I used plain white card stock for the doves. After several layers of white glue, they laminate into a sturdy ornament. Everything underneath the head and wings is ugly (much like all the pictures I took of the assembly process).


Until you hide all the overlaps.

Pearlescent Dove (white card stock covered in white pearl acrylic paint)

Glitter dove (white card stock covered in multicolor glitter)

Gold dove (white card stock streaked with metallic gold acrylic paint before cutting)


I'm ready to decorate the tree. First I must put up the tree.

If you don't have a personal cutter, you can trace the pattern and add the overlaps yourself. I'd resize the pattern larger to make cutting with scissors easier. I'd like to try this with felt.

Embroidery, Ha! I have ignored you and still I have a dove.

Thanks!
Aimee

Friday, November 30, 2012

Craft Book Challenge Week 46 (belated): Braiding Floss

Last week, between the turkey, relatives, and Christmas shopping, I started my Week 46 Craft Book project.  My mother had the genius idea to use her new knitting cord machine with her old embroidery floss. So we pulled out my floss (I gave up cross stitch years ago) and got to cranking.

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While my mom was helping my sister–in–law rearrange her wall decor, I tied together all my loose floss (that scraggly pile on the right) into equal strands of six strings each and cranked it through my corder.

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Ooh, the result was a fabulous riot of color. My sister–in–law suggested the cord would make a great scarf.

red floss

So I pulled out all my red floss, tied it together using a weaver’s knot, and cranked it through my ancient cording machine. (There are several brands available. Mine is by Bond America. My mom’s is the newer version by Caron. They’re essentially the same hand–cranked, four–needle knitting machine.)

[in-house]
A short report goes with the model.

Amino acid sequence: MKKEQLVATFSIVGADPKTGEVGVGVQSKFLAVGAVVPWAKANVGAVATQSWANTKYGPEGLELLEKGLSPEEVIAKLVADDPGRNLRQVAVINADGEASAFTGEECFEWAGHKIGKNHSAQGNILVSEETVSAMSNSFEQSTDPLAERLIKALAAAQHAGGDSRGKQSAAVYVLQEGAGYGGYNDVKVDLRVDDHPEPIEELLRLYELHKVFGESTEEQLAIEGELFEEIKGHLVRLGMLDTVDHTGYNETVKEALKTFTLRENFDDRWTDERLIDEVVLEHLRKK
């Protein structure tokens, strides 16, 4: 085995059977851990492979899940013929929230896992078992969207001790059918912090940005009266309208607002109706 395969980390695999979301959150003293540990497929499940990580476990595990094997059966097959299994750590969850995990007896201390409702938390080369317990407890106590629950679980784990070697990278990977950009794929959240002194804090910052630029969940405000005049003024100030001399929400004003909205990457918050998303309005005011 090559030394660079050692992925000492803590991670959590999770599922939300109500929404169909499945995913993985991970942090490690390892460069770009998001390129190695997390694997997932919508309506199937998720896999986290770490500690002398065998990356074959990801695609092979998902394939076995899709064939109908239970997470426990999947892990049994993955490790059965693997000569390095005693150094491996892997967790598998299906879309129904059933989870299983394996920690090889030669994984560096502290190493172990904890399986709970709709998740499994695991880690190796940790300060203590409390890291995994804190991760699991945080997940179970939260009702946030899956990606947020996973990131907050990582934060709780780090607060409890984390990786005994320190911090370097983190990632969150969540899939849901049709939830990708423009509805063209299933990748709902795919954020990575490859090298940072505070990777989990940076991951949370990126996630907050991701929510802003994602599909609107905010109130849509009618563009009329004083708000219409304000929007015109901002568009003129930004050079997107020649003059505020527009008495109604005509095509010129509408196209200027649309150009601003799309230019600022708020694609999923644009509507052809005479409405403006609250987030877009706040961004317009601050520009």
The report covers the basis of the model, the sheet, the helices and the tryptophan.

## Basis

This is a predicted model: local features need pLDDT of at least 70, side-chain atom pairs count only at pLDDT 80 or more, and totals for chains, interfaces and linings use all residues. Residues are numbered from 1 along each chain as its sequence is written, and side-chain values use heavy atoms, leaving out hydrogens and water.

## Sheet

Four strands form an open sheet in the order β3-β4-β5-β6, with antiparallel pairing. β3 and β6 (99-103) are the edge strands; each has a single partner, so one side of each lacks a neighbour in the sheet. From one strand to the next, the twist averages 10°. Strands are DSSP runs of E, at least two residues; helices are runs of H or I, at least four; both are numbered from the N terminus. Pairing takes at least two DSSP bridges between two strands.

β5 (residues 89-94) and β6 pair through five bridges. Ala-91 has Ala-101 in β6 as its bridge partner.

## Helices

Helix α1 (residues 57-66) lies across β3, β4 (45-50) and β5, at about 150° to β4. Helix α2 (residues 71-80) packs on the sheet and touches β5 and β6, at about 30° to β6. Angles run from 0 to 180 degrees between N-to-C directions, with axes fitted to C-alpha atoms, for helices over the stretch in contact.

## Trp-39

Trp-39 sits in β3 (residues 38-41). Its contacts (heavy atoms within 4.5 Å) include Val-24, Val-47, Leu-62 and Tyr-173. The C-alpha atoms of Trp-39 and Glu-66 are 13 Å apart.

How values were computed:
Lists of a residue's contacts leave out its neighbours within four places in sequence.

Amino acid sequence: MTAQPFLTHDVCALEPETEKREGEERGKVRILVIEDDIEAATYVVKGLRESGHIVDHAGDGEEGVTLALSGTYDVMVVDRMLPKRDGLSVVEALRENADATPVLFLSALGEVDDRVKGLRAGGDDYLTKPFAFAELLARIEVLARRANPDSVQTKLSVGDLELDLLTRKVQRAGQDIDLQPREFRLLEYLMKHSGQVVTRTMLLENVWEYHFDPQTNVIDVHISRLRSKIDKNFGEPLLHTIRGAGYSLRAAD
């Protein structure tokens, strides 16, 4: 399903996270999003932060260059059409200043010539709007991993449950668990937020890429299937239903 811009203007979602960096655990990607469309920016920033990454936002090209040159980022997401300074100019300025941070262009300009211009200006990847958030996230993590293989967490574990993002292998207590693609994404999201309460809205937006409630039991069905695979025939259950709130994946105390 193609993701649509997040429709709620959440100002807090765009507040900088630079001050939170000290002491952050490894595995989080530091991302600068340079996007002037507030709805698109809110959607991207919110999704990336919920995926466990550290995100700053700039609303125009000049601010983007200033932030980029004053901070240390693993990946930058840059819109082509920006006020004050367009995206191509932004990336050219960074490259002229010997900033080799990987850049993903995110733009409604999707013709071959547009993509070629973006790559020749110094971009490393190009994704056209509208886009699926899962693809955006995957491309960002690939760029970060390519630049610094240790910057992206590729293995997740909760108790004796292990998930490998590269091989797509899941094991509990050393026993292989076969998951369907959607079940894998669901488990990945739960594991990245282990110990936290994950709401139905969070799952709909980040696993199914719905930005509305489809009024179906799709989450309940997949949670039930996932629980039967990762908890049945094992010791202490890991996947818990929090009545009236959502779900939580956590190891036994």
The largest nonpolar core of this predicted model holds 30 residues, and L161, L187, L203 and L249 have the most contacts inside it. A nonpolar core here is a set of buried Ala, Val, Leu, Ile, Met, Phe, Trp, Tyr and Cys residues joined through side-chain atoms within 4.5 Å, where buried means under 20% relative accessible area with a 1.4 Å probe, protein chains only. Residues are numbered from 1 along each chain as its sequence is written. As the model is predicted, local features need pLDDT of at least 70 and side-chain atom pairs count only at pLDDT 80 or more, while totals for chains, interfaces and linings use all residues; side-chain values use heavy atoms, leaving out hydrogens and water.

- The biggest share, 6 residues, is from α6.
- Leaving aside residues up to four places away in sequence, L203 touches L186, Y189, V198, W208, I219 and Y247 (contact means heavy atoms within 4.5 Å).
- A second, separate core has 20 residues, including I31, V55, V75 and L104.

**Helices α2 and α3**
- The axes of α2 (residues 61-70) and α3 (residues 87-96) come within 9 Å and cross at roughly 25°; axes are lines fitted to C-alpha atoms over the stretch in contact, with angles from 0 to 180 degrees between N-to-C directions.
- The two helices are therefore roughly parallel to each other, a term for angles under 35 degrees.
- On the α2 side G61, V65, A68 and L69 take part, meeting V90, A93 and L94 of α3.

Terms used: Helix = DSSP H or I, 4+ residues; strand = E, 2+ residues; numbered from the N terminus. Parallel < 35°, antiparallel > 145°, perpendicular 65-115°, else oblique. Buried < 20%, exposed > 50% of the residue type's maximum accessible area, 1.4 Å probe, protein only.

I tied together 24 m worth of random red/pink floss remnants, which is approximately the length of three full skeins of embroidery floss.

red cord

I cranked it all through and then had the idea to braid it into a seven–strand flat braid. Where did I get the instructions? From a rug weaving book from Rafter–four Designs. I could have made a 12–strand flat braid using the instructions in this little pamphlet if I had had enough red floss.

Multi-Strand Braids

Seven long cords later…

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I tied the red/pink cords together at the top using the loose strands, alternating the colors red/pink/red/pink/red/pink/red.

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Starting from the right outermost strand, the weaving sequence for a seven–strand braid is over 2, under 1. Then, from the left outermost strand, over 2, under 1. Move from the right side to the left side outermost strands with the over 2, under 1 sequence.

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At the end of the weaving, I sewed across the end to secure the cords and braided both ends of the loose strands with a standard three–strand braid. The final braided strand is 53 in. long and 1.25 in. wide.

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The braid can be a scarf, a belt, a purse strap, etc… I’m really surprised at how well the peachy pinks blended into the deep reds.

braided scarf

I’m still playing with how to wear my new scarf. And I’m plotting what other strands I can run through my corder. I’ve discovered that ¼–in. silk ribbon can feed through without catching, so that stash is in line to next become miles of knitted cord.

Thanks,
Aimee

Monday, November 19, 2012

Craft Book Challenge Week 45: The Ed Emberely Cure

Well, here I am a week late again. I have a good excuse. I was sick. I think I battled the flu last week, but I never went to the doctor to be sure. All I know is that I spent several days in bed, and each day brought a new symptom. I ate my weight in chicken soup. And I was crabby.

When I'm crabby, all I can do is sleep and doodle.

I dug out my childhood copy of Ed Emberley's Drawing Book of Animals and a handful of fat markers.


Ed makes me happy. Who else can turn a D, a Y, and a couple of triangles into a tiger? My brothers and I spent hours turning simple shapes into animals when we were young. Even today, the simplicity appeals to me. So many times we strive for perfection when all we really need is a little doodling.

I like Ed's forward: "For the boy I was, the book I could not find." We don't need to learn how to draw perfectly; sometimes we just need to draw.

And I did. I was happy, and then I took a nap.








Keep healthy!
Thanks,
Aimee